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The not yet finished (at the time of the photo) Christmas decor in front of Westgate Mall, where the Shanghai US Consulate Visa Section is located

What China is This?

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I stand above the Yangtze River for the Three Gorges cruise – the river and the gorges are not now what they once were.

I first came to China in 1994 as a student at Beijing Normal University as a part of the College of William & Mary’s study abroad program.

It was an eye-opening experience for me. On our second day in country we were served fried scorpions at lunch. Even more surprising to me is that 14 out of 16 of the students in our group ate them. I refused. (I then ordered a bowl of chicken soup only to find as I stirred it an eye ball popped to the surface – and this is how I kept my girlish figure while in China, by surviving on white rice with soy sauce and peanuts and garlic stir fried broccoli.) I had my first experience with a squatting toilet – something again I refused to use. I even held “it” one day during a 12 hour bus trip from Changsha to Zhangjiajie National Forest Park, steadfast in my determination as each rest stop only presented “traditional” facilities. A delayed flight and Mother Nature eventually forced my hand and it turned out not to be so bad.

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In my Beijing Normal U dorm room. I cannot believe how great my hair looks.

We stayed in the international dorm – each of us assigned a Japanese roommate to encourage our Chinese language acquisition even first thing in the morning and just before bed. I had a room on the fifth floor of the dorm – no elevator of course. We had only one telephone per floor located at one end. Hot water in our showers was available from 5 PM. It was supposed to last until eight, but if you waited too long you were generally in for major disappointment – and a very brisk bathe.  We also had two hot plates per floor for cooking. I used it perhaps twice in six months – not a surprise at all as my good friends know that is only a little less than I use my kitchen now.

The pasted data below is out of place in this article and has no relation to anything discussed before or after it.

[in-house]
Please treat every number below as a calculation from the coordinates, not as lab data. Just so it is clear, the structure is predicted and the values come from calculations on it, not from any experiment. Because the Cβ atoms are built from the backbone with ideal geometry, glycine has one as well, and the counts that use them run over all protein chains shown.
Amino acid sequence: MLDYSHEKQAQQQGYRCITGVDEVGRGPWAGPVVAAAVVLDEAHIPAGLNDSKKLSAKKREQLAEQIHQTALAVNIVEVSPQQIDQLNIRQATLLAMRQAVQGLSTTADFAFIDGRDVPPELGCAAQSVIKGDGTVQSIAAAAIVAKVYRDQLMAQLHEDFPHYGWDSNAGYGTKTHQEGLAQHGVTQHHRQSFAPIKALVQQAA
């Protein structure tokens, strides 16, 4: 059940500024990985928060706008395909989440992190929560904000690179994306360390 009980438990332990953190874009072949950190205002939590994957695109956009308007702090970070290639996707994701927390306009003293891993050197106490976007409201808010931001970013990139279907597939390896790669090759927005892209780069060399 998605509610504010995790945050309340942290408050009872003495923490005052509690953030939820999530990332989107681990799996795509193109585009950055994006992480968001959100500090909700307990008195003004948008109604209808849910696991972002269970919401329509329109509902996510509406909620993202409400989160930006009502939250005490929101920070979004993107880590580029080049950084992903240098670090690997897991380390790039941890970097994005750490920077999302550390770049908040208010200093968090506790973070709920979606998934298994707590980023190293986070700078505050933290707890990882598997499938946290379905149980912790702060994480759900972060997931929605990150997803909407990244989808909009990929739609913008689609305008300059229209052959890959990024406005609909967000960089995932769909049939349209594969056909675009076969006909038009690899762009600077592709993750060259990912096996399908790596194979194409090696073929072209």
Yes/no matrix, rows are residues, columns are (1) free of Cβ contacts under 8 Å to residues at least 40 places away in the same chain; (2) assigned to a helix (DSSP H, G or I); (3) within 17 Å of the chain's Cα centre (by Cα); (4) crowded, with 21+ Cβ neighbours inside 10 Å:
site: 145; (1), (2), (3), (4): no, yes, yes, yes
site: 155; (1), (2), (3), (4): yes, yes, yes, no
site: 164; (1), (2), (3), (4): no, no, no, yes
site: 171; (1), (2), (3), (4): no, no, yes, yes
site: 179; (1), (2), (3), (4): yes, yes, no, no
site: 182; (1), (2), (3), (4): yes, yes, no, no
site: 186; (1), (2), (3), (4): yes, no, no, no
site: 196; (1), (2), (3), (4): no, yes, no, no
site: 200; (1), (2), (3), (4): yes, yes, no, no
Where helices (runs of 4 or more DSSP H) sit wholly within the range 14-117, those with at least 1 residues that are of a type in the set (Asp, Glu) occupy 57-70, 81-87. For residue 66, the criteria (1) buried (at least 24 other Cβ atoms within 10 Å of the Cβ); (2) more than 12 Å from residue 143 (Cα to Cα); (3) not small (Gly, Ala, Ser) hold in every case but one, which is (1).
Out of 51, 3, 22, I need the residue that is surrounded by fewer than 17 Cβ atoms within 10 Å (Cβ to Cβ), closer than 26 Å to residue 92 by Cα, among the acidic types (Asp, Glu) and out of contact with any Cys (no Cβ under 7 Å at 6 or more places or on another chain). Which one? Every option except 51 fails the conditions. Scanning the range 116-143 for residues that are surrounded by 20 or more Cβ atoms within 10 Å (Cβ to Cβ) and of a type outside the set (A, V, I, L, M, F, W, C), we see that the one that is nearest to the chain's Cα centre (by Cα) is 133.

I rented a shelf in a mini fridge of an enterprising Korean student. There I kept my few prized refrigerated items like cheese and Tang. Each of us was issued a large thermos. Most evenings I would make my way down the five flights and to a small brick building across from the dorm where there stood a very large coal furnace constantly heating water. I would pop off the corked top of the thermos and fill it with scalding water and then carry it back up to my room. I would leave the top off overnight to cool the water and then in the morning fill my smaller bottles with the water, mix in the Tang, and then switch the new bottles for the cool ones in the rented fridge.

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The old hot water furnace and my super chic thermos. I thought it would look even older in Sepia; I was right.

I had an old bicycle that two thoughtful classmates acquired for me. As I understand it they staked out an area in the massive student bicycle parking area and monitored activity. They identified a weather-beaten green one that, according to them, had been left neglected for weeks. So they liberated it and gave it to me. I did not ask too many more questions. I took it to an on-campus bicycle repair shop to get it into riding shape and I joined the (hundreds) of thousands of Beijing cyclists that took to the roads daily.